Bacteria from 55-Yr.-Old Coal Fire Studied
Taylor Dunivin, a doctoral student in the Department of Microbiology and Molecular Genetics, studies bacteria living in the surface soils of Centralia, Penn., the site of an underground coal mine fire that ignited back in 1962. Her goal: to measure both antibiotic resistance genes and arsenic resistance genes in the different soil microbial communities to see how the bacteria respond or change both in community membership and in functional profile.
“Centralia is a great place to study whether antibiotic resistance increases in areas that have experienced a fire and whether the number of resistance genes changes once the environment recovers,” says Dunivin. “Arsenic is naturally found in coal and likely to increase abundance in sites in Centralia where steam from coal burning actively passes through the soil.
Dunivin notes that antibiotic resistance is a pressing public health concern. “Information on how anthropogenic fire, such as pollution and temperature, increases the spread of antibiotic resistance in the environment will help us better reduce and/or control it,” she says. “The use of antibiotics saves lives daily; arsenic exposure at low doses negatively impacts almost every organ system and at high doses can result in death.”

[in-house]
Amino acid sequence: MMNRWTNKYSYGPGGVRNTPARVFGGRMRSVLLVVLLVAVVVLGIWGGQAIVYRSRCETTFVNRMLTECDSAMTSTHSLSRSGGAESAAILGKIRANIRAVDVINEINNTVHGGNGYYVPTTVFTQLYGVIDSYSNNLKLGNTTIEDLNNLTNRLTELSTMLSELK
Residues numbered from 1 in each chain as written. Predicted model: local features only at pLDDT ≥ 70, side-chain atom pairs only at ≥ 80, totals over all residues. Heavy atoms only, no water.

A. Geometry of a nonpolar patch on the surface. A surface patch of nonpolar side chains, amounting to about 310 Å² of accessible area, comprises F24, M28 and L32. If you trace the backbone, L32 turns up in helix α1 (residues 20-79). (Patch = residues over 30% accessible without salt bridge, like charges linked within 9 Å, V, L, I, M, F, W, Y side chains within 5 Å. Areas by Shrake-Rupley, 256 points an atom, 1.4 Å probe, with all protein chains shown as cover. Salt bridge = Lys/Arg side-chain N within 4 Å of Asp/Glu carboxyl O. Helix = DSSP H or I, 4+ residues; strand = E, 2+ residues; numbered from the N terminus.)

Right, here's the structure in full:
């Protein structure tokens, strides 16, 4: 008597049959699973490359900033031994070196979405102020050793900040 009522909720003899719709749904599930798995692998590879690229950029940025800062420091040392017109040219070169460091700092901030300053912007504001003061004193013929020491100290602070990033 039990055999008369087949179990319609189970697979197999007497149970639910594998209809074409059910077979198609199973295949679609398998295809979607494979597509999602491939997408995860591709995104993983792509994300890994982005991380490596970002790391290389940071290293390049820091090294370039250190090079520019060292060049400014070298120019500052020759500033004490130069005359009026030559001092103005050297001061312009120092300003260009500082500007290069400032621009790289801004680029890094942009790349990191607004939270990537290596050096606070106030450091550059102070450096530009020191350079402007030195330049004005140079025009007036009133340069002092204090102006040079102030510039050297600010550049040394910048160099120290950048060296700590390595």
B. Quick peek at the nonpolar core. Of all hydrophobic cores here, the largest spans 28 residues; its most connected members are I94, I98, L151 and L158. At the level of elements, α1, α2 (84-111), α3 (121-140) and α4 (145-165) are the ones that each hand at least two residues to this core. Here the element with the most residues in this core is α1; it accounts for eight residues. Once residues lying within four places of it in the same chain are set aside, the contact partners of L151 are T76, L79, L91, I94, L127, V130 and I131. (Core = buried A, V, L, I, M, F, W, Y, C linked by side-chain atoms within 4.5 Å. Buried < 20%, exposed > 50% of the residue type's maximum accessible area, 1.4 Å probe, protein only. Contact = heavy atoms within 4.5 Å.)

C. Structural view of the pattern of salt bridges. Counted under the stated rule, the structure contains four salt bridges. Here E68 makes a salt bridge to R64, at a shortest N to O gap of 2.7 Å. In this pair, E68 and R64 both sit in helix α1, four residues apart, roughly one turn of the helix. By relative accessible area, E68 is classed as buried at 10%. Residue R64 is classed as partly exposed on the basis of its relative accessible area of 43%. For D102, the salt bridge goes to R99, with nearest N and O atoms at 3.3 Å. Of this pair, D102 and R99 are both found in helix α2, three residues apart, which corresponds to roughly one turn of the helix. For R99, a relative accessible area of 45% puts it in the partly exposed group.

She has already had some successes in her quest, describing the times when the research showed progress: “The day the bacteria from Centralia soils grew on agar plates with high concentrations of arsenic, the day we first assembled complete arsenic resistance genes from DNA sequences from Centralia soils, and the day we got back our arsenic results and saw that arsenic concentrations are increasing in sites that are currently impacted by the fire.”
But there have been challenges. “We hoped to find some bacteria that oxidized arsenate in Centralia, but we could only grow strains that did the opposite. Additionally, working with these huge datasets of microbial community DNA has many challenges. We can only accurately sequence a small piece of DNA at once, so our sequencing first requires us to cut the DNA into smaller pieces. To analyze it we need to try and put them all back together…it’s a little like putting a puzzle together without a reference picture or even all of the pieces.”
- Excerpted from an article by Kristin Lauzon and Taylor Dunivin, Institute for Cyber-Enabled Research
Photo by: Xiaoxing (Adele) Han